Our infatuation with devices is no accident, raising ethical and legal questions about how tech companies are using our digital addiction.
Anews video of a pedestrian injured by a car while transfixed by her phone as she walked against crossing lights in Sydney in June last year was shocking but not surprising.
On any busy street in Australia people can be seen glued to their screens walking through crowds, sitting at bus stops, crossing the road, and sitting in their cars at red lights.
In the 2017 Digital Australia report from professional services firm Ernst and Young, 30 per cent of the respondents who own smartphones said they were addicted.
It is a well-recognised downside of our infatuation with digital devices, but one that is not merely an unanticipated side effect, explains University of Wollongong ethicist Dr David Neil.
Addiction to these devices is no accident: the technology is designed to feed the multi-billion-dollar global attention economy, says Neil, a philosophy lecturer from the University’s Faculty of Law, Humanities and the Arts.
Unlike the more transparent traditional business strategy model, the attention economy depends on personal information from a number of sources, from reward cards to digital devices, which can be harvested and sold for commercial purposes.
“Most of what we use online like Facebook, Twitter, Snapchat, shopping and game sites is free,’’ Neil says. “The way they make money is by collecting and packaging the attention of users and selling it to advertisers who, in turn, use it to target individuals very specifically in terms of behaviour and consumption patterns.”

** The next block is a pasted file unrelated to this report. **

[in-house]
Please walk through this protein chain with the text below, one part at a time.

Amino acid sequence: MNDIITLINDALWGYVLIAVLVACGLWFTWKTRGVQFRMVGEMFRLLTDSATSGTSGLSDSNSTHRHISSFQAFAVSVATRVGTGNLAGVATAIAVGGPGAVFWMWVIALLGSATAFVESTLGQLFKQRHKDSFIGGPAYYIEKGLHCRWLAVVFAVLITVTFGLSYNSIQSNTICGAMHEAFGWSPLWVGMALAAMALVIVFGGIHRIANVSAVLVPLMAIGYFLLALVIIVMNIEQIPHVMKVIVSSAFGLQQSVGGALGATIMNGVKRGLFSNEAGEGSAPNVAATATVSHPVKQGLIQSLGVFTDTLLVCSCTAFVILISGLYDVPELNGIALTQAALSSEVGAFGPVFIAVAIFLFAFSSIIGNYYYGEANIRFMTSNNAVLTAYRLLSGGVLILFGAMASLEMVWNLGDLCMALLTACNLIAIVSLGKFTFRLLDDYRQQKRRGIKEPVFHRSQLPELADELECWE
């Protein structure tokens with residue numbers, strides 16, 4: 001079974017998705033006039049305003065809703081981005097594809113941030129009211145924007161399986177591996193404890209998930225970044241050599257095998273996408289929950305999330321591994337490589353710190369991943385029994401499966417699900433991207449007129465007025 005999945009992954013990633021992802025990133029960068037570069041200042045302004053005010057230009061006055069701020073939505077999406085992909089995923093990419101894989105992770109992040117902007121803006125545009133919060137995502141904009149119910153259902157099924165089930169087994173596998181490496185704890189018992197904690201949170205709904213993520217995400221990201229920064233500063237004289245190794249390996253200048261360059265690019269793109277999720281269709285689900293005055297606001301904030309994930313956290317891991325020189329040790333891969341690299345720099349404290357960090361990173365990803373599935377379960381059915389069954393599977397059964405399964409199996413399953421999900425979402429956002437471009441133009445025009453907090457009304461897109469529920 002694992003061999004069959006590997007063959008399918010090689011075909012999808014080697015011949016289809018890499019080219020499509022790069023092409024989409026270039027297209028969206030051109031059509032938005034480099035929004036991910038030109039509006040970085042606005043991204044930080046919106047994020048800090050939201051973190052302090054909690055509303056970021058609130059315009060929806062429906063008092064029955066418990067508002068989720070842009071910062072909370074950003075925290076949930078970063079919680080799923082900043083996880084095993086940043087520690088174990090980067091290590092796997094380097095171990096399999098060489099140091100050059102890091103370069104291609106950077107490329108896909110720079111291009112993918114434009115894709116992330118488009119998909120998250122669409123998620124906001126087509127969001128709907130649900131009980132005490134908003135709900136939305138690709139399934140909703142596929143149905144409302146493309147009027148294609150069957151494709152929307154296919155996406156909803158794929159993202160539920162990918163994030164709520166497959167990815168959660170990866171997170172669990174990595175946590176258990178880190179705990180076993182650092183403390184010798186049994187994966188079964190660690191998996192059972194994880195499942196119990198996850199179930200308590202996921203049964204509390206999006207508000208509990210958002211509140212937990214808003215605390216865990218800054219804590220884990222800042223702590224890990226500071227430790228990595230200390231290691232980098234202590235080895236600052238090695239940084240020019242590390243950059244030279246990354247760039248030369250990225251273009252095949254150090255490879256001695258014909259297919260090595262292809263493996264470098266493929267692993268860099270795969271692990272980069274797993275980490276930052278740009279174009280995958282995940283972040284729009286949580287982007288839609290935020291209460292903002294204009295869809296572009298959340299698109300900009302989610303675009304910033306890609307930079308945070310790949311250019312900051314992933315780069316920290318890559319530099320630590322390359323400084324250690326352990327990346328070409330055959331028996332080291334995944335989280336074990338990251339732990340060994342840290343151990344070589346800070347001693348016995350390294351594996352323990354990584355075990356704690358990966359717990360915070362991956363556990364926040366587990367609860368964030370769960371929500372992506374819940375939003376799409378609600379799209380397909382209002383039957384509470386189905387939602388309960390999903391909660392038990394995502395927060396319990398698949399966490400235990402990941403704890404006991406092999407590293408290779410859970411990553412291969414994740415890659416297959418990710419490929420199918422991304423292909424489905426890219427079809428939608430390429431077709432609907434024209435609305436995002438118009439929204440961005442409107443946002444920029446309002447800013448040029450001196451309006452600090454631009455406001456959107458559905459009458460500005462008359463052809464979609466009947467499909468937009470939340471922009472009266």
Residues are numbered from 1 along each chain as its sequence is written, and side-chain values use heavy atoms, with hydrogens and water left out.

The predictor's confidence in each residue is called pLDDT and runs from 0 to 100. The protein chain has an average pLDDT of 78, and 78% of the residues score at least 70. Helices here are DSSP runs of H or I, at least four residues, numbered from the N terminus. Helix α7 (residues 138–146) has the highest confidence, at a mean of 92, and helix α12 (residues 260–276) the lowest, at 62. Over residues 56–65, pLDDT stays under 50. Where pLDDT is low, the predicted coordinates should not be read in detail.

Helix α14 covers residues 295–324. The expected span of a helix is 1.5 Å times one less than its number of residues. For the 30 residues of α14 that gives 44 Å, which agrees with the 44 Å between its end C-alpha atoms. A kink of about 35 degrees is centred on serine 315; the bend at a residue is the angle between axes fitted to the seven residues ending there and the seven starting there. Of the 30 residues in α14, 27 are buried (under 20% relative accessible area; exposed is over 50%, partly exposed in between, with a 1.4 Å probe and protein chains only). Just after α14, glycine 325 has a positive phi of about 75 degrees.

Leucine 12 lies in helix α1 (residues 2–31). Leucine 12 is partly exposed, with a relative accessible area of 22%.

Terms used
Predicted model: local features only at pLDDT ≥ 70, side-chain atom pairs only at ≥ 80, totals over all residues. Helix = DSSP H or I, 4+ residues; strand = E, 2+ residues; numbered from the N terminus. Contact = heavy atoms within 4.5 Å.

To that end, the technology has been designed to maximise time on a device.
Fun features with an agenda
What users might consider innocuous fun features such as Facebook ‘likes’ or the red dot contact notification on many apps are just some of the intentionally addictive features that encourage us to fritter away more time than we intended.
Justin Rosenstein, co-designer of the Facebook ‘like’ button, is among the reflective tech apostates who are now re-evaluating their contribution to this technology.
He recently described the ‘like’ as a “bright ding of pseudo pleasure”.
“The fundamental question is whether having the intention of causing people to become addicted is an acceptable business strategy,’’ Neil says.
The way they make money is by collecting and packaging the attention of users and selling it to advertisers who, in turn, use it to target individuals very specifically in terms of behaviour and consumption patternsDavid Neil
The Digital Australia report found 25 per cent of respondents with smartphones and tablets spend more time on their devices than talking with family and friends.
In the 2015 report it was 21 per cent and in 2016 it was 23 per cent.
A quarter of respondents said their social life would be non-existent without their digital device, a figure that has also increased marginally over the past three years.
“Those trends give us reason to be concerned that devices and apps can be addictive,” Neil says.
“Nobody sits down and thinks, ‘I should use this device five hours a day’ or ‘I need to check my phone 400 times a day because those are my communicative needs and requirements’.
“We develop habits in our electronic device use, and our neural reward systems are progressively conditioned into expectation and reward patterns that can form the basis of an addiction.”
Free choice undermined
But we all have a choice, you say, to turn off the phone, the computer or even those seductive notifications.
“Free choice is any easy term to use, but it is much harder to explain what we actually mean by that,” Neil says. “We typically feel that we acted freely when we experienced a want or desire and then act on that desire.”
Dr Neil argues we have far less free choice than we think.
“We tend to overrate our capacity to intentionally regulate our behaviours, and we tend to underrate the extent to which many of our behaviours are conditioned, repetitive and patterned, triggered by causes we are not entirely aware of.”
The problem, Neil says, with addictive technologies is that we are being encouraged and manipulated into time-consuming behaviours for the benefit of tech companies and data brokers.